Pit of madness
It is one ugly landmark that many residents in my home province of South Cotabato would rather not have in the future. I am referring to a pit—projected to be “approximately 500 hectares in area and approximately 800 meters deep”—that will be left gaping when a proposed copper-gold mining project ends its mining life in an area straddling the provinces of South Cotabato, Sarangani, Sultan Kudarat and Davao del Sur.
The ugly, gaping hole, noted Bishop Romulo dela Cruz of the Kidapawan Diocese, will “have a depth double the height of the Empire State Building, and can potentially be added to the infamous list of top 10 open pits visible from outer space.”
In the recently held international conference on mining in Mindanao jointly organized by the Ateneo de Davao University and the Catholic Educators Association of the Philippines (CEAP), the proposed Tampakan Copper-Gold Mine Project to be operated by the foreign-controlled Sagittarius Mines Inc. (SMI) became one of the hotly discussed issues.
Other horrifying scenarios were also raised during the conference. For example, the proposed Tampakan project is within 10 kilometers of Mount Matutum, an active volcano. “You cannot mine within 10 kilometers of an active volcano,” pointed out Clive Montgomery Wicks, a conservation and development consultant specializing in the impact of extractive industries.
“It’s ridiculous, irresponsible. It’s the height of madness to even think of doing it,” he said, also citing “the grave danger posed to peoples’ lives and property by the 2.7 billion tons of toxic rock with a high potential for acid drainage that will be accumulated on top of the mountain.”
Wicks is not exaggerating. The Environmental and Social Impact Assessment (ESIA) report that SMI submitted to the DENR cited that its project “has been given an ‘Extreme’ consequence classification, during operation and closure, due to the high potential for loss of life and high environmental damage if failure occurs.”
Indeed, for years now, mining advocates have been trumpeting the potential economic benefits of the country’s 7.1 billion metric tons of metallic mineral reserves, like gold, copper and nickel.
Glossed over though is how the present mining regime has even stunted the growth of our local economy and left communities affected by mining operations still among the poorest in the country. In fact, in 2010, the mining industry contributed a pittance to our economy: it added only 1 percent (or only P88 billion gross value) to the GDP; 4 percent of exports ($2.032 million) and one-half percent of employment (or only 197,000 jobs).
Also, there is the issue of the direct link between mining and human rights violation in the country today. This nexus was noted by United Nations Special Rapporteur Rodolfo Stevenhagen, who cited in his 2003 UN Report cases of resistance and opposition to the entry of mining projects—protests that are often countered by military force, resulting in killings, destruction of property, forced evacuation, etc., particularly affecting indigenous peoples.
Mining today, particularly in Mindanao, is “about short-term benefits for some at the cost, however, of serious long-term environmental destruction for all; it is an activity within a policy framework that provides foreign investors with a legal permit to rape our environment with impunity,” noted Jesuit Fr. Joel Tabora, president of the Ateneo de Davao.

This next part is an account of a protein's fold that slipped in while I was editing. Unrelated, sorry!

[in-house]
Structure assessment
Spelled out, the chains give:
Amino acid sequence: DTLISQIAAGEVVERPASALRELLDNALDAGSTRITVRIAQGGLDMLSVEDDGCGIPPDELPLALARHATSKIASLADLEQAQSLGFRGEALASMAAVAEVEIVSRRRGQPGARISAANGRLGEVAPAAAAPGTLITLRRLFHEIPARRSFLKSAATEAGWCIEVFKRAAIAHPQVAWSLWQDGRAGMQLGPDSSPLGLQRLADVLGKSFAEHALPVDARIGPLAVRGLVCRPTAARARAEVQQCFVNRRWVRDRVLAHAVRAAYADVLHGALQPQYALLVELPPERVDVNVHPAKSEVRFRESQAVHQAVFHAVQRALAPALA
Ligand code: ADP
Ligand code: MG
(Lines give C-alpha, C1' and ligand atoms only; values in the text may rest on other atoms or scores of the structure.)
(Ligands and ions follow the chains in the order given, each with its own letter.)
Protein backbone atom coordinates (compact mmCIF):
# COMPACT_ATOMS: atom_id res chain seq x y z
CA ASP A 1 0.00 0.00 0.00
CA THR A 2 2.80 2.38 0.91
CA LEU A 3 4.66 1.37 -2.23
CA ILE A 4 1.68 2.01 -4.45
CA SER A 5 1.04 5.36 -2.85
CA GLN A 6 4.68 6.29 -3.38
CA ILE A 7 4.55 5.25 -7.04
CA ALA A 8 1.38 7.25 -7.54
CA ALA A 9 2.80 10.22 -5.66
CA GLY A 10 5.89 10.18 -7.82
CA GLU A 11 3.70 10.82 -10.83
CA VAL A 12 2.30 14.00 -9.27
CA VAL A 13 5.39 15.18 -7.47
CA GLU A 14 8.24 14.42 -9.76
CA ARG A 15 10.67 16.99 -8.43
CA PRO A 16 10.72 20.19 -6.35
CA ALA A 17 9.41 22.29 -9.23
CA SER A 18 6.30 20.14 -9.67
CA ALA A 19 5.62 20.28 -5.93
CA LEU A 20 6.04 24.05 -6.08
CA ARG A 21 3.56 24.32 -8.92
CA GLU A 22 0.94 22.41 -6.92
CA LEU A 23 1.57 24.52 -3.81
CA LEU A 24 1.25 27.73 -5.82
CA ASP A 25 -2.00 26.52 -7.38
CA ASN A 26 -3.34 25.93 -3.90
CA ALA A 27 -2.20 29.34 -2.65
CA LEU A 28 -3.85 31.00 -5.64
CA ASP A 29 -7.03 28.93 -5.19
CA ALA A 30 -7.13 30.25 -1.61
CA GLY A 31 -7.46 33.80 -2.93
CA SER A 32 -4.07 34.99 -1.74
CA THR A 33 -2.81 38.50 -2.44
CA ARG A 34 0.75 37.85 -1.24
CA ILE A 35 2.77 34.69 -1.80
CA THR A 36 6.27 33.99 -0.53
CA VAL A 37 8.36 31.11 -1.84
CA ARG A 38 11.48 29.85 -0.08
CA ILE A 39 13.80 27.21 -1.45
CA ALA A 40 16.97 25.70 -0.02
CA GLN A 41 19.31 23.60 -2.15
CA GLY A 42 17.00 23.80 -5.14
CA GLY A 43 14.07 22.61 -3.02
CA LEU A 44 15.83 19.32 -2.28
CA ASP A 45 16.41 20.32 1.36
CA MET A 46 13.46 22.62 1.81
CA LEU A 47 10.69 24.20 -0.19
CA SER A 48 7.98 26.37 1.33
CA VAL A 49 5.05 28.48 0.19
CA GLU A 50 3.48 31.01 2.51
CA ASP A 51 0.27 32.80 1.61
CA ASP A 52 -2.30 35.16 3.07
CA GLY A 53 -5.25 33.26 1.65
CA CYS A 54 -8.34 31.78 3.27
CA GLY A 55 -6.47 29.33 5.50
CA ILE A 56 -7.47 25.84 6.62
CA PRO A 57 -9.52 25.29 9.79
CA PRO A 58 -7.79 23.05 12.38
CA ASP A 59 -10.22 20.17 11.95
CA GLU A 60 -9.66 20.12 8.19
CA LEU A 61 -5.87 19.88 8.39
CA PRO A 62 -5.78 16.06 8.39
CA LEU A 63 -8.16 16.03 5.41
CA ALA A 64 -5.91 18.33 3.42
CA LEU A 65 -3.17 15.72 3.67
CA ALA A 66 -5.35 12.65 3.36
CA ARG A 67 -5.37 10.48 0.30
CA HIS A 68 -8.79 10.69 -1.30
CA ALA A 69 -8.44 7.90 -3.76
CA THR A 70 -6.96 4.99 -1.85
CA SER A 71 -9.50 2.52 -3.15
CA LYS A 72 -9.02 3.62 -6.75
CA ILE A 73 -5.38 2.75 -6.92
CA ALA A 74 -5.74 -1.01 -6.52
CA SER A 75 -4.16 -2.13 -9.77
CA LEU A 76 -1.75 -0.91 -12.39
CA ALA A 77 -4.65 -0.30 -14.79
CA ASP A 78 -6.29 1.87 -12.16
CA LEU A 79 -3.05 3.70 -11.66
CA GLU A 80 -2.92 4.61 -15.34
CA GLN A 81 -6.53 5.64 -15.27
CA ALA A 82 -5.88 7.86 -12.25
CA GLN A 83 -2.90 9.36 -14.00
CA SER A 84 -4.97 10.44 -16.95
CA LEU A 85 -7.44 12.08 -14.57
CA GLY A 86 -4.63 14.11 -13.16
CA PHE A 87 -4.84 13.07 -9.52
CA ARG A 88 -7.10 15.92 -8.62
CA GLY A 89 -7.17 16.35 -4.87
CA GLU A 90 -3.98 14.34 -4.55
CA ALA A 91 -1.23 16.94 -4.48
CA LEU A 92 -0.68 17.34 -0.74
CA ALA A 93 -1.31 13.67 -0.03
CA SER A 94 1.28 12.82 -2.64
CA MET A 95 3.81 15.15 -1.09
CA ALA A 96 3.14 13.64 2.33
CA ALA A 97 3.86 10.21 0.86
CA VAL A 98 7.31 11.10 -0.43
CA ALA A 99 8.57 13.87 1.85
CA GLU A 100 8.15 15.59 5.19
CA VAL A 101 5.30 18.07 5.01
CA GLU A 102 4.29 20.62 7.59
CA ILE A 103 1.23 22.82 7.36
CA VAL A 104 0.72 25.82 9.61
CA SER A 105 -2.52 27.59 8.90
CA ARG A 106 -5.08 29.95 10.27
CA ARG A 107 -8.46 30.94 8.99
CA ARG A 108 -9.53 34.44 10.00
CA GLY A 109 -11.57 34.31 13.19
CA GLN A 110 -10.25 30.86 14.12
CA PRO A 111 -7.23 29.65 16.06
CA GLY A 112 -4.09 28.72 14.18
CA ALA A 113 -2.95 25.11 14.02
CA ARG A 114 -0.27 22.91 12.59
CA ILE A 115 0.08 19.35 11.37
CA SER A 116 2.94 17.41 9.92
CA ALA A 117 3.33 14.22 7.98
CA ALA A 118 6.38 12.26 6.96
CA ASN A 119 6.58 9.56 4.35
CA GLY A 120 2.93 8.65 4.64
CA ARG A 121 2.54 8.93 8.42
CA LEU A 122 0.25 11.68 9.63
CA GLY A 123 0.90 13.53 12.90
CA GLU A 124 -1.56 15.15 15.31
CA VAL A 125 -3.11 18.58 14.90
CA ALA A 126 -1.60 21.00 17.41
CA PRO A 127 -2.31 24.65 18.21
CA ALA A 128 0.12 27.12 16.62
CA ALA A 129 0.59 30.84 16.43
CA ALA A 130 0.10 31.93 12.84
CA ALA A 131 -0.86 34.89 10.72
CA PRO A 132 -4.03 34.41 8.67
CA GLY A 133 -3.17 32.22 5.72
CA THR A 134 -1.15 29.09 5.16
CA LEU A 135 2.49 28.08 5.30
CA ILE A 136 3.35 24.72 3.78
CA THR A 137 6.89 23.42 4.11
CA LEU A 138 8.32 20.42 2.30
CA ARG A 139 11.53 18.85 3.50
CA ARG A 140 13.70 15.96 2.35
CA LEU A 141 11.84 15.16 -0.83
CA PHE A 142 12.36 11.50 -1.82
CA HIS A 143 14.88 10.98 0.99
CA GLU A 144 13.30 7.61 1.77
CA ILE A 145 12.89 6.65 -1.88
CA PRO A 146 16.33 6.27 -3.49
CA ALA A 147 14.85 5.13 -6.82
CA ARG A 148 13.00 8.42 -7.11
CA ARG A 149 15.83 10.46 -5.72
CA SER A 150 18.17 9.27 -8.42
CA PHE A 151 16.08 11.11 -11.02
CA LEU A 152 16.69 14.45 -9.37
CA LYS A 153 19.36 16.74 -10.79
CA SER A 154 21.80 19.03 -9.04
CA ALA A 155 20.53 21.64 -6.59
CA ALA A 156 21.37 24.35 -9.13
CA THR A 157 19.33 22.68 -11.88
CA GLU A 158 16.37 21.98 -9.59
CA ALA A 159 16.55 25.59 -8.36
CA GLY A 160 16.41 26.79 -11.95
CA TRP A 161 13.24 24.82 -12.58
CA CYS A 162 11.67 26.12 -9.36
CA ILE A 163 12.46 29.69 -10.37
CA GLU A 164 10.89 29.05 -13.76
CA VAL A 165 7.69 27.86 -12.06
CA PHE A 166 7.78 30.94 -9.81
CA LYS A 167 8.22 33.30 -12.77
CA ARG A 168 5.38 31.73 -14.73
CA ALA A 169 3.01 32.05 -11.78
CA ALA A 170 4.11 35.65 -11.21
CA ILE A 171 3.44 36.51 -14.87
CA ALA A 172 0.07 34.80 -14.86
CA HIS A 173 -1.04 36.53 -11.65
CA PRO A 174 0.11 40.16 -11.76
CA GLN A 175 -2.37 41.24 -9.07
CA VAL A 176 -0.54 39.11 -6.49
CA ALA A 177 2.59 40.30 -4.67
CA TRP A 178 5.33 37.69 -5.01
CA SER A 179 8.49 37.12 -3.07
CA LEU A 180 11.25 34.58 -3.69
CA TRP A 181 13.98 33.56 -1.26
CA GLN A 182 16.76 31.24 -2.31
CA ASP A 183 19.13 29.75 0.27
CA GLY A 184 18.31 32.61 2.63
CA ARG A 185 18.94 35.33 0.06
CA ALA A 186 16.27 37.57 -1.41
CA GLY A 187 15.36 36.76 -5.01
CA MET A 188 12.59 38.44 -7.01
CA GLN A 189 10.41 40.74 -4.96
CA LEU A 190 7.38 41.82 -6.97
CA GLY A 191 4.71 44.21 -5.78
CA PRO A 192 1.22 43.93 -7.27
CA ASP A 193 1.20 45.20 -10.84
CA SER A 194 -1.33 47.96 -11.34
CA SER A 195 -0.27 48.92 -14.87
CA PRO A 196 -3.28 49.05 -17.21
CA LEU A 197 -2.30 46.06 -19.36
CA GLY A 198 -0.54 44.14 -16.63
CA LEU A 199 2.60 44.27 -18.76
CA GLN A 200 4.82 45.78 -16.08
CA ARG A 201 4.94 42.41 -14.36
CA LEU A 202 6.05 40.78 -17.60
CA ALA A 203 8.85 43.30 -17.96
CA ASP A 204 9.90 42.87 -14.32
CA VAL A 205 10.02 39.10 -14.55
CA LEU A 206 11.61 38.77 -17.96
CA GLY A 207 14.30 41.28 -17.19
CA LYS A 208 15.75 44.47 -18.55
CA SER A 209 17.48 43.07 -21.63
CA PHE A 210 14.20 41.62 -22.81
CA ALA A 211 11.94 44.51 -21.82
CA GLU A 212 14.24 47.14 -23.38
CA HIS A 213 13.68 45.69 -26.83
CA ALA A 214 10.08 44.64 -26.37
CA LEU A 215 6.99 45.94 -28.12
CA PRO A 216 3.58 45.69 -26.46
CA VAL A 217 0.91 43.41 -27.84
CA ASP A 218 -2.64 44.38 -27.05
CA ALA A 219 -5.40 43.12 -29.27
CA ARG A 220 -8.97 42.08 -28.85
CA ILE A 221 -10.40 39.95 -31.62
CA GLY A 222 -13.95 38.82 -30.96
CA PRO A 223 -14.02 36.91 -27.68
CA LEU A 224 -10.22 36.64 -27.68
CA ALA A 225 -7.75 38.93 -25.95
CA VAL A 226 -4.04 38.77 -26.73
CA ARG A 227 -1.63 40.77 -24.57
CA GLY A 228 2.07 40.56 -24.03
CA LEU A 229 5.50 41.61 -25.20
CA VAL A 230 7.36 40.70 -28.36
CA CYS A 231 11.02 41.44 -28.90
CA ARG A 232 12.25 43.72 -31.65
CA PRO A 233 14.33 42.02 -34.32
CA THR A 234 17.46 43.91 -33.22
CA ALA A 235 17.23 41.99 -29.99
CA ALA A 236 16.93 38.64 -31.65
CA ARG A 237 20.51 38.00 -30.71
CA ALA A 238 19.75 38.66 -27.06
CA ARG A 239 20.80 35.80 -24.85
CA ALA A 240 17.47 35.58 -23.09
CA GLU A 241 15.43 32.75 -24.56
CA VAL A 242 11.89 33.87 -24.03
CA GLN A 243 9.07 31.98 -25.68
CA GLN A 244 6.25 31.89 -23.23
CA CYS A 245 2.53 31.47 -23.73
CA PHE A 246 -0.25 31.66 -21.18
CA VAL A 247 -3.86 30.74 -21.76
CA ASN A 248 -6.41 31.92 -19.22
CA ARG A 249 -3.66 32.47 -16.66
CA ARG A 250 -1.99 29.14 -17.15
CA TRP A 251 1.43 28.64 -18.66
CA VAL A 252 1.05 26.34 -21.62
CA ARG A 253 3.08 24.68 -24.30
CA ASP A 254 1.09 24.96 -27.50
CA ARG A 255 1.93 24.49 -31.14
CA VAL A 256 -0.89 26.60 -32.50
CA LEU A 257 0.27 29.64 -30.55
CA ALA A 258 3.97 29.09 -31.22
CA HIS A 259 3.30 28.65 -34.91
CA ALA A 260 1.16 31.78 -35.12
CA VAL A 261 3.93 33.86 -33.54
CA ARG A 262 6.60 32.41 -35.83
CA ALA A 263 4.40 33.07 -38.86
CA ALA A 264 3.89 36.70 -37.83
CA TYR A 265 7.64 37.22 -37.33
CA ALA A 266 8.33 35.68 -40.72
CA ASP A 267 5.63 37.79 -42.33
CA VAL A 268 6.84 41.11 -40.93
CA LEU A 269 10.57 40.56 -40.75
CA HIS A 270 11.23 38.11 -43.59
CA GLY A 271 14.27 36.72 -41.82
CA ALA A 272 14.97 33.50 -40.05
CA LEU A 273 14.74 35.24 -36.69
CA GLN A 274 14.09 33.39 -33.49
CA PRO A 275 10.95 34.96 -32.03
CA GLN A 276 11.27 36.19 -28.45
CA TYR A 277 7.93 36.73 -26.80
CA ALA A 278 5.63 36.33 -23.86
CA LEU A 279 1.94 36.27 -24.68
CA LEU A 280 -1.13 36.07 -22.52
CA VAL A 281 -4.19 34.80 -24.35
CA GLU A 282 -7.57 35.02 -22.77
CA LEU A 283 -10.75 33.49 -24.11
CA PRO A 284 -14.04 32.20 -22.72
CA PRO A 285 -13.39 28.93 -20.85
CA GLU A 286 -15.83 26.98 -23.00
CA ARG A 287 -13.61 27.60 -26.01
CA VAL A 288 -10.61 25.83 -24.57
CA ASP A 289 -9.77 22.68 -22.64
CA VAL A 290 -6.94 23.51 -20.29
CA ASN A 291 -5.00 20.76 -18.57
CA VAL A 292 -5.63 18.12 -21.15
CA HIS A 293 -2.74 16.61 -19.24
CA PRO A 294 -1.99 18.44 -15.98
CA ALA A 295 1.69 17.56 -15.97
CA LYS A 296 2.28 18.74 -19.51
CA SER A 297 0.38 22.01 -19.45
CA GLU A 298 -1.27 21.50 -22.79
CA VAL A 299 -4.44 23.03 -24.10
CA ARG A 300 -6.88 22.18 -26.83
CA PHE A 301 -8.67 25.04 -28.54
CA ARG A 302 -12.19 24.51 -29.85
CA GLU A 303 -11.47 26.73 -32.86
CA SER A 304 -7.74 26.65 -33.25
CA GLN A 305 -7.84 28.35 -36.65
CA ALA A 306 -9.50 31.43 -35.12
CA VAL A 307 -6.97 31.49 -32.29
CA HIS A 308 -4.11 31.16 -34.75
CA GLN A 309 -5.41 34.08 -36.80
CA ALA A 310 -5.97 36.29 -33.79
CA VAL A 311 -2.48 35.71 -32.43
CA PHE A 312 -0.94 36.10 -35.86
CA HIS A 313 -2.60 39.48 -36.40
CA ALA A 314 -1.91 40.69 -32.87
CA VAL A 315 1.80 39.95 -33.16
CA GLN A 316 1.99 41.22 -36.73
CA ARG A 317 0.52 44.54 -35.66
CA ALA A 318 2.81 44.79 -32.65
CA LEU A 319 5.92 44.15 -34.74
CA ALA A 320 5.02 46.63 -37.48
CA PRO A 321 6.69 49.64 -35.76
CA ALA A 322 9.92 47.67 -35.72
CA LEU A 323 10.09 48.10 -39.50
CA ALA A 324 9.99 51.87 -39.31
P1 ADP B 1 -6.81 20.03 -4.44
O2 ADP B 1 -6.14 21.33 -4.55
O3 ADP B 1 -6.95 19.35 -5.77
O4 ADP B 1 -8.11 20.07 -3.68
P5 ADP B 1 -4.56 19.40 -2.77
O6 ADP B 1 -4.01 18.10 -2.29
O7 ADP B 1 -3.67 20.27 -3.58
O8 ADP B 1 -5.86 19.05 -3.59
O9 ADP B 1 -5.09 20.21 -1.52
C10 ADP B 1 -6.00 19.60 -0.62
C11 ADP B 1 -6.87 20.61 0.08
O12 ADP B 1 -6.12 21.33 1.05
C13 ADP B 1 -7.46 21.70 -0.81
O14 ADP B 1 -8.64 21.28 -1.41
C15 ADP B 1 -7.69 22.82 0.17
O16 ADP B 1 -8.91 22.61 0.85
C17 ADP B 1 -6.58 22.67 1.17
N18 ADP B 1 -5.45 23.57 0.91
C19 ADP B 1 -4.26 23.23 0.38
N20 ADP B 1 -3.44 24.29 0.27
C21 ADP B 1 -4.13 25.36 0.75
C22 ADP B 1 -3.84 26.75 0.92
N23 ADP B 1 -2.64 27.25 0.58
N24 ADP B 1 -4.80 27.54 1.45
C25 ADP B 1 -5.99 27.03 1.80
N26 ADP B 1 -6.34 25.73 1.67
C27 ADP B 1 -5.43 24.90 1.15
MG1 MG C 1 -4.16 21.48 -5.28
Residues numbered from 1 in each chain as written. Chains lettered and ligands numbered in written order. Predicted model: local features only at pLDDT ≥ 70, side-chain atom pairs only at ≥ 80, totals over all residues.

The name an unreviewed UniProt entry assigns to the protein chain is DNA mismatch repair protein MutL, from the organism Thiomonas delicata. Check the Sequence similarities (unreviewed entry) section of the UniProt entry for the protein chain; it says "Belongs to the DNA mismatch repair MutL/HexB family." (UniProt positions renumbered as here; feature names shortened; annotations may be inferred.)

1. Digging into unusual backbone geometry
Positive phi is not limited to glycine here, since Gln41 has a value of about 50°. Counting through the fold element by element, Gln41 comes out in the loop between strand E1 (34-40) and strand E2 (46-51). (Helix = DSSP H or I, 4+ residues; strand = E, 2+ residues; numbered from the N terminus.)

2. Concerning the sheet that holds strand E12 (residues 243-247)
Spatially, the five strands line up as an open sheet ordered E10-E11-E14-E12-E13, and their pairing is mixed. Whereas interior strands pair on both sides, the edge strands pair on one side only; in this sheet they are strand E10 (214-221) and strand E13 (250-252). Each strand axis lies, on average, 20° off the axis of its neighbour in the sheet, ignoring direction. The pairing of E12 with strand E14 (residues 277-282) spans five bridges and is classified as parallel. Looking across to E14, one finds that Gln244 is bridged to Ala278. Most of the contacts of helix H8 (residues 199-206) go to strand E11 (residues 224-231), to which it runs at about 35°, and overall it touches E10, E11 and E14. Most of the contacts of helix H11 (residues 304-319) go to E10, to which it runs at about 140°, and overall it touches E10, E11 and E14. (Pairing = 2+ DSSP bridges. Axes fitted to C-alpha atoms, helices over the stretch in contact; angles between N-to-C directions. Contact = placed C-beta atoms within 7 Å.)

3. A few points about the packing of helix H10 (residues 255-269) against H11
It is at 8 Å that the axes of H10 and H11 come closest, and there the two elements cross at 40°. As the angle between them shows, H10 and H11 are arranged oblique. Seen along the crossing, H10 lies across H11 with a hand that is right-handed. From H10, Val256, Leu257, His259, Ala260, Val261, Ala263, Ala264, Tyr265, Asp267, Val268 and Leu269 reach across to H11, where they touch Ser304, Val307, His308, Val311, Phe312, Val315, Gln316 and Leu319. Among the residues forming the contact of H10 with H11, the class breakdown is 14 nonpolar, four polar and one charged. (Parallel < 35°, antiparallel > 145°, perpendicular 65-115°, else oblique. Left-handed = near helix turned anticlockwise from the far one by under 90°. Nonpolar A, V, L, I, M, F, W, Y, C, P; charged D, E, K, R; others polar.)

It will do well for the Aquino administration to seriously consider the following recommendations made in the “Mindanao Declaration” which was issued by the conference participants: the repeal of Republic Act 7942 or the Mining Act of 1995; the revocation of Executive Order 270-A (issued by President Gloria Macapagal-Arroyo) on the revitalization of the mining industry; and an “immediate mining moratorium and suspension and cancellation, if applicable, of all mining operations” while the relevant mining policies are being reviewed.
It also recommended the enactment of the consolidated alternative mining bills pending in Congress. Among these bills is the consolidated People’s Mining bill (House Bill 4315) that, among other purposes, would require the creation of a Multi-sectoral Mineral Council (MMC) to be formed in the provinces or towns that would be granted the sole power to approve and monitor all mining applications.
Our present Constitution, ratified more than 25 years ago on Feb. 2, 1987, mandates the State to exploit our mineral resources through direct undertaking, joint venture or co-production arrangements. Its clear intent is for the State, as owner of the mineral resources, to receive its fair share in the profits from the exploitation of our mineral resources. However, it is unfortunate—also immoral, and even criminal—that a quarter century after, we have yet to see the government and the people getting a “reasonable and fair share” from the huge profits amassed by these mining companies—not even a single centavo.
Measures that have been or are being adopted by different groups—like the anti-open pit mining ordinances in South Cotabato and Zamboanga del Norte, the proposed anti-mining ordinance in Davao City and elsewhere—are signs that people have come to realize the ruinous effect of irrational mining on their lives. The people can no longer allow, without regretting later on, the unbridled rape and pillage of our remaining resources and environment to satisfy the insatiable lust of a few for profit.
We should no longer allow the madness of a few to destroy the future of the next generations of Filipinos.
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